by Maddie Dawson
Publisher: Random House
on April 8, 2014
Genres: Women's fiction
Source: Blogging for Books
A heartfelt, funny, and all-together human novel about the best mistakes a person can make. Jonathan and Rosie have been together so long they finish each other’s sentences—so when he (finally) proposes and asks her to move across the country with him, everyone is happily surprised. But when things suddenly unravel, Rosie sends Jonathan packing and moves back home with Soapie, the irascible, opinionated grandmother who raised her. Only now she has to figure out how to fire Soapie’s very unsuitable caregiver, a gardener named Tony who lets her drink martinis, smoke, and cheat at Scrabble. It’s a temporary break, of course—until Rosie realizes she’s accidentally pregnant at 44, completely unequipped for motherhood, and worse, may be falling in love with the sentimental, troubled Tony, whose life is even more muddled than hers. It’s not until Rosie learns the truth about her mother’s tragic story that she wonders if sometimes you have to let go of your fears, trusting that the big-hearted, messy life that awaits you may just be the one you were meant to live.
The Opposite of Maybe by Maddie Dawson is a chick-lit novel that explores one woman’s journey of self-discovery through trial, error, hope, loss and love.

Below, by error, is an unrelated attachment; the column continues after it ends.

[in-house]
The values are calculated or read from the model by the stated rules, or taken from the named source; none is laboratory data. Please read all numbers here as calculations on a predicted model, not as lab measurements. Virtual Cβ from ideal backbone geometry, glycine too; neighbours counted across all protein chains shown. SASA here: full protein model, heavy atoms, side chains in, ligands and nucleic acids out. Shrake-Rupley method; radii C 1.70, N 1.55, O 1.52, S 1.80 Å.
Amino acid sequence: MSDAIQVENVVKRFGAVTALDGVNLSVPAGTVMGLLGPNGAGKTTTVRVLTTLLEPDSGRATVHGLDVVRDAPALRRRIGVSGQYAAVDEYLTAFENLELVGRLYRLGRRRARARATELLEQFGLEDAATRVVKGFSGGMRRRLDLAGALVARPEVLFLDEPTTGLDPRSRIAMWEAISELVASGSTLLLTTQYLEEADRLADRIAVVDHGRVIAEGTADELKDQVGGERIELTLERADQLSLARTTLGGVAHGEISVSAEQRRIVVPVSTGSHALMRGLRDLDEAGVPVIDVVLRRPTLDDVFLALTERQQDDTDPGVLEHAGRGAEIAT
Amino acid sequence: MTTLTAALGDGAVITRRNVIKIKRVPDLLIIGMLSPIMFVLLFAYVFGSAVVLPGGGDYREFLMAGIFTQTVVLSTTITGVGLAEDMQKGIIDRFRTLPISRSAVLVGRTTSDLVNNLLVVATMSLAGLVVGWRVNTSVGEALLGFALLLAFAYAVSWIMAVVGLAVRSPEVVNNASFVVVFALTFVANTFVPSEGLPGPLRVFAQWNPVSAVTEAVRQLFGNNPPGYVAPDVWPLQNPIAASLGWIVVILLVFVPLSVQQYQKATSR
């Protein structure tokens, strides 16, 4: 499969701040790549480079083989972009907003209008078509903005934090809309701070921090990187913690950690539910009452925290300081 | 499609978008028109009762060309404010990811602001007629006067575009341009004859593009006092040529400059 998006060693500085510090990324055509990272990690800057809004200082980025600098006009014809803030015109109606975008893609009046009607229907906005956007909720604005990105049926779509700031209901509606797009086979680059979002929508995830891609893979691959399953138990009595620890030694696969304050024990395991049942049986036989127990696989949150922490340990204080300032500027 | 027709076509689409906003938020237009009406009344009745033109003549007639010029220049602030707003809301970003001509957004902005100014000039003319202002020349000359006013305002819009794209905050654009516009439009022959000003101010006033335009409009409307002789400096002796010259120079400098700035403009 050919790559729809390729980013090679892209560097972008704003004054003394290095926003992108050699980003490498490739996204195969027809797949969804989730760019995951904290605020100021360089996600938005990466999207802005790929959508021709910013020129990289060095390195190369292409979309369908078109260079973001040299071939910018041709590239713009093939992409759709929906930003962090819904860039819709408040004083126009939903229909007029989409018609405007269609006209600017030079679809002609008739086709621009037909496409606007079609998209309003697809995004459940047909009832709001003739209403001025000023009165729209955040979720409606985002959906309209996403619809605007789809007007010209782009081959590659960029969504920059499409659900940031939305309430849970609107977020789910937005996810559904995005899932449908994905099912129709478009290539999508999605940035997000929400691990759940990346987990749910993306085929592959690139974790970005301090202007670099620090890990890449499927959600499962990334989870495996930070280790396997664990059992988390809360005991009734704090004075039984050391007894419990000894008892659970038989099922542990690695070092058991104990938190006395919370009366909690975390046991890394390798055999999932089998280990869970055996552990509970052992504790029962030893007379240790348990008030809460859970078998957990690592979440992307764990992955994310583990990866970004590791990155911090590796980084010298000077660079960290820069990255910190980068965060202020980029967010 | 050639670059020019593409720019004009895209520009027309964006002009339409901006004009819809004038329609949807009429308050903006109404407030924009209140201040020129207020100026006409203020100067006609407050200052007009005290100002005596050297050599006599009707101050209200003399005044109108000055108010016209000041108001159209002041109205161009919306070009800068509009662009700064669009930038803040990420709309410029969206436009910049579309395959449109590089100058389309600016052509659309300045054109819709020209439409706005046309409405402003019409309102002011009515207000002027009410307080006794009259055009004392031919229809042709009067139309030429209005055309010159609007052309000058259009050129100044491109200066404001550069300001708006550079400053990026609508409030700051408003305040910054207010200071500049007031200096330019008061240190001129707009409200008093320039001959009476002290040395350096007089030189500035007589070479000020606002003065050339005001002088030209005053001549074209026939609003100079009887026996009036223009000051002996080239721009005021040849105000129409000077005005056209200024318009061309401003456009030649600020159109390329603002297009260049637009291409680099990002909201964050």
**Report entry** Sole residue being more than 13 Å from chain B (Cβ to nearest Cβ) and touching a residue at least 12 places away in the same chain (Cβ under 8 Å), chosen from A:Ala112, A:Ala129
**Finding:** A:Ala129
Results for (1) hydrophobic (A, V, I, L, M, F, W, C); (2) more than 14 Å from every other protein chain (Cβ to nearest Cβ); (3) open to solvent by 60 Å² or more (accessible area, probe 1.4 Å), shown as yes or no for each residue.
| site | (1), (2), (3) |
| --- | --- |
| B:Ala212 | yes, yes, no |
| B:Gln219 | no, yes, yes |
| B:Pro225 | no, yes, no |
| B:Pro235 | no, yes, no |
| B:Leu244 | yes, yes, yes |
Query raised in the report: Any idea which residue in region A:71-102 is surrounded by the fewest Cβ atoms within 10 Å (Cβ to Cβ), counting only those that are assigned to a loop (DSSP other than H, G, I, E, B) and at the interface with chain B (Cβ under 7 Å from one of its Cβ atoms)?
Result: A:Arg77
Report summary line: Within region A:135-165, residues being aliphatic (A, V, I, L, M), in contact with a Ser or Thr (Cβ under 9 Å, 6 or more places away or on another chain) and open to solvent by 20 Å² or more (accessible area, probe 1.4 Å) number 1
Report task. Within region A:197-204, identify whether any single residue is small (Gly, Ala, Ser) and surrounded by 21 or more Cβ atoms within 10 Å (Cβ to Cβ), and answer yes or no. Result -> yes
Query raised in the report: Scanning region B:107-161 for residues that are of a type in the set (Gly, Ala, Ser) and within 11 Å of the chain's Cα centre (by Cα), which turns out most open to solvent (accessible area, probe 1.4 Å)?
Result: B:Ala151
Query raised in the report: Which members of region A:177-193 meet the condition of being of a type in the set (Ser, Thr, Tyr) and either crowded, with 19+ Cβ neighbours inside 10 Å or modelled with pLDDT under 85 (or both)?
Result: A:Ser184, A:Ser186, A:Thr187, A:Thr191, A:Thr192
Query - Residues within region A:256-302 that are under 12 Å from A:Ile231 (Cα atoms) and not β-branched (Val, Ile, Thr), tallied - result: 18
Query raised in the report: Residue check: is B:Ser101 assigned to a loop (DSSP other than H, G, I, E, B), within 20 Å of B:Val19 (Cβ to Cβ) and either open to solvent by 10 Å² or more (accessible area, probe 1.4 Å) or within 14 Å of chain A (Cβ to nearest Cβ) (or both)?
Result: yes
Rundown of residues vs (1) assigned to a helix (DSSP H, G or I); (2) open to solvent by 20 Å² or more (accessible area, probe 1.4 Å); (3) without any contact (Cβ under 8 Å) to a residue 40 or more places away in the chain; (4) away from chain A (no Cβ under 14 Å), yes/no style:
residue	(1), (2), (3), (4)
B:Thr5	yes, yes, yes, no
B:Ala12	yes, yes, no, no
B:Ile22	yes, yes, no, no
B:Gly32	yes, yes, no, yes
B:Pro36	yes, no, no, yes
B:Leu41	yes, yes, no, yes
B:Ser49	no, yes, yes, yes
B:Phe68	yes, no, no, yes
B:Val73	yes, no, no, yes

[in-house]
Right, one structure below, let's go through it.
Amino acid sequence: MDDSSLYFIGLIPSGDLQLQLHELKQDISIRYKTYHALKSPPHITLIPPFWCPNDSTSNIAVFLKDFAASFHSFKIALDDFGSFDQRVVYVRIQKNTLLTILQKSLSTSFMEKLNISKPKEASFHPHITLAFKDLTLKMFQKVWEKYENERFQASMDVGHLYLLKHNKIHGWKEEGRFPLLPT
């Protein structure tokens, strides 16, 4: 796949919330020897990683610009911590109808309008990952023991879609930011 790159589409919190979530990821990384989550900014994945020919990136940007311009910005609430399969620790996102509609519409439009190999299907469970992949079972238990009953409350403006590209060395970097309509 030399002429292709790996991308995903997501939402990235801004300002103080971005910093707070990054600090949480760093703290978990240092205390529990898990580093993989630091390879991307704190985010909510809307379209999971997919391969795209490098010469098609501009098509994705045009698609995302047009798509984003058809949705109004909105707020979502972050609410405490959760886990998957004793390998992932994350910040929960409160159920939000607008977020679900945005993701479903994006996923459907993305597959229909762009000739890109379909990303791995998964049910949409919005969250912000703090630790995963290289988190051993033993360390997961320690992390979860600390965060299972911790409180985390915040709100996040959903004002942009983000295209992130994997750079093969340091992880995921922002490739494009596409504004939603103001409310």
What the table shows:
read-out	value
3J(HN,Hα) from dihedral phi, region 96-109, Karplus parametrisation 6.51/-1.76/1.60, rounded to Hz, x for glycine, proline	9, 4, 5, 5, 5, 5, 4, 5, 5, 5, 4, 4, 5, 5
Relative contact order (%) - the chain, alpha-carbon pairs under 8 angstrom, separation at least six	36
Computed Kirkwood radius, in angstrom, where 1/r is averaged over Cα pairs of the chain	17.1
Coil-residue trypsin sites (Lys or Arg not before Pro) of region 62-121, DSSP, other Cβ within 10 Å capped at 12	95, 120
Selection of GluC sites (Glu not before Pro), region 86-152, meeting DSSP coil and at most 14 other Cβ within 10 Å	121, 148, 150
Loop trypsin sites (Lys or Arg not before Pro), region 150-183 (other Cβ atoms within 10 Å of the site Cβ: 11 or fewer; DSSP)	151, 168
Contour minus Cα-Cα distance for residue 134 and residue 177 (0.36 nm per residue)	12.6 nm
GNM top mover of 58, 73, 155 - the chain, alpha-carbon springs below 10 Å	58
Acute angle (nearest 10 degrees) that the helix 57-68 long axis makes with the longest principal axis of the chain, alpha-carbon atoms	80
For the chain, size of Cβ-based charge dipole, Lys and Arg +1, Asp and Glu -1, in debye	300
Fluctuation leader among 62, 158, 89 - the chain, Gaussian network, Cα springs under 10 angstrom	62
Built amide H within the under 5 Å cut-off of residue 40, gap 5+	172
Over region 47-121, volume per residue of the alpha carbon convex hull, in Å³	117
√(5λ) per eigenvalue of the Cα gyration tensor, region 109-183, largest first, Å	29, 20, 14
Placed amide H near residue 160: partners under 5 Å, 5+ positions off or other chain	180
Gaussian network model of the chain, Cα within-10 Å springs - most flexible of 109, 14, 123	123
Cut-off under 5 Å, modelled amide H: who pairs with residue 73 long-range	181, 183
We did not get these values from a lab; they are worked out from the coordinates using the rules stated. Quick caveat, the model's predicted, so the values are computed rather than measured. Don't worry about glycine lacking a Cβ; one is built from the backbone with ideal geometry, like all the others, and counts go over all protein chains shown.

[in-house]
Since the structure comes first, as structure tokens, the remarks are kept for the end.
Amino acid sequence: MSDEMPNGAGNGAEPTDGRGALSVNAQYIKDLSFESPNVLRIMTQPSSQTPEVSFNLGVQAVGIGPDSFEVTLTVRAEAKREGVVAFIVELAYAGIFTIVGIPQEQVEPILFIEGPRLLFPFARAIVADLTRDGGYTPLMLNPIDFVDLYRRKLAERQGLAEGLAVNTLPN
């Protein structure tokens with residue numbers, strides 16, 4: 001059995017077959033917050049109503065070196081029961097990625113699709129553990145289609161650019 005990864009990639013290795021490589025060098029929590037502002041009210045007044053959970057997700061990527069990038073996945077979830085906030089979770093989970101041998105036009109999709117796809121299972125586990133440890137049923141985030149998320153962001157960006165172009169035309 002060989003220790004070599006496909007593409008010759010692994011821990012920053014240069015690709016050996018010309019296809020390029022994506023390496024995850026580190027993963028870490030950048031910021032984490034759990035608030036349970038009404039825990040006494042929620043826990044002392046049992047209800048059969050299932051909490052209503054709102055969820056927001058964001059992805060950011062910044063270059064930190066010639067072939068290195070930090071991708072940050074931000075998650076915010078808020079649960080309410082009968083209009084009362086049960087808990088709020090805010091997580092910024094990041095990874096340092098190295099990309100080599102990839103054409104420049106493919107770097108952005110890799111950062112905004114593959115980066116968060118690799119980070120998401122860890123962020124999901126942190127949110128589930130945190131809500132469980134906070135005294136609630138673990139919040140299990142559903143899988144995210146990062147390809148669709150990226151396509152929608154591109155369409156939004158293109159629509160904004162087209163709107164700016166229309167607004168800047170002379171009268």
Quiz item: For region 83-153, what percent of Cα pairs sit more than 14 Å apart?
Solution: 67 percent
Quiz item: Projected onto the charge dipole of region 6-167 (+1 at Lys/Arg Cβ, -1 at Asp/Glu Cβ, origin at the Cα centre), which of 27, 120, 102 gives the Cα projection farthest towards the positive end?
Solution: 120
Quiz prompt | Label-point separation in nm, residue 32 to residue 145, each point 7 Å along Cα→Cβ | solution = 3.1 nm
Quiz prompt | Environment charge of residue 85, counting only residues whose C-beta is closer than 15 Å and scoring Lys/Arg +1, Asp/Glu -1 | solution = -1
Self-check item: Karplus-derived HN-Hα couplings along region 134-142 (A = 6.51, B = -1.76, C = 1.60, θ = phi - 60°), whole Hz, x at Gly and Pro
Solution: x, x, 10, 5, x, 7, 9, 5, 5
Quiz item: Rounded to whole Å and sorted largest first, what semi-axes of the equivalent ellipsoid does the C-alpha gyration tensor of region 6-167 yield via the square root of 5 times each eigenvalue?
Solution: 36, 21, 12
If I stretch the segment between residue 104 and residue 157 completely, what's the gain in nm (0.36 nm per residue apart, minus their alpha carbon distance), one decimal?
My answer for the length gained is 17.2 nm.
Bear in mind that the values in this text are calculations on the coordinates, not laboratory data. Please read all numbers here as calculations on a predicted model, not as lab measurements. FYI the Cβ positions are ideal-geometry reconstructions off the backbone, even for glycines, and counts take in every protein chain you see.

Dawson introduces us to Rosie a middle-aged woman who loves her job-teaching children and her life with her live in lover Jonathan. They have been together as they watched their friends get married and begin families. Theirs is a comfortable life until things get complicated. Jonathan has been offered an opportunity clear across the country and suddenly he is proposing. Rosie is dealing with her sassy, opinionated grandmother and needs to get her settled before moving. Suddenly unsure she is about to face her biggest challenge. The tale that unfolds takes us into Grandmother Sophie’s house and introduces a wonderful cast of characters that will warm your heart.
Rosie was a likable and flawed character. As Dawson peels back her layers and allows Rosie to fumble, and grow she soon discovers that the key to happiness might just be complicated and messy. I loathed Jonathan, and adored Sophie. I plan to be wild and crazy like her when I am eighty-eight. Tony has this incredibly huge heart, and I wanted to embrace him. Secondary characters added a community feel and gave us a greater understanding of the central characters.
Warm, touching, hilarious and heart-warming The Opposite of Maybe was a novel that I enjoyed reading. Dawson beautifully balanced my emotions and I found myself caught up in the characters lives.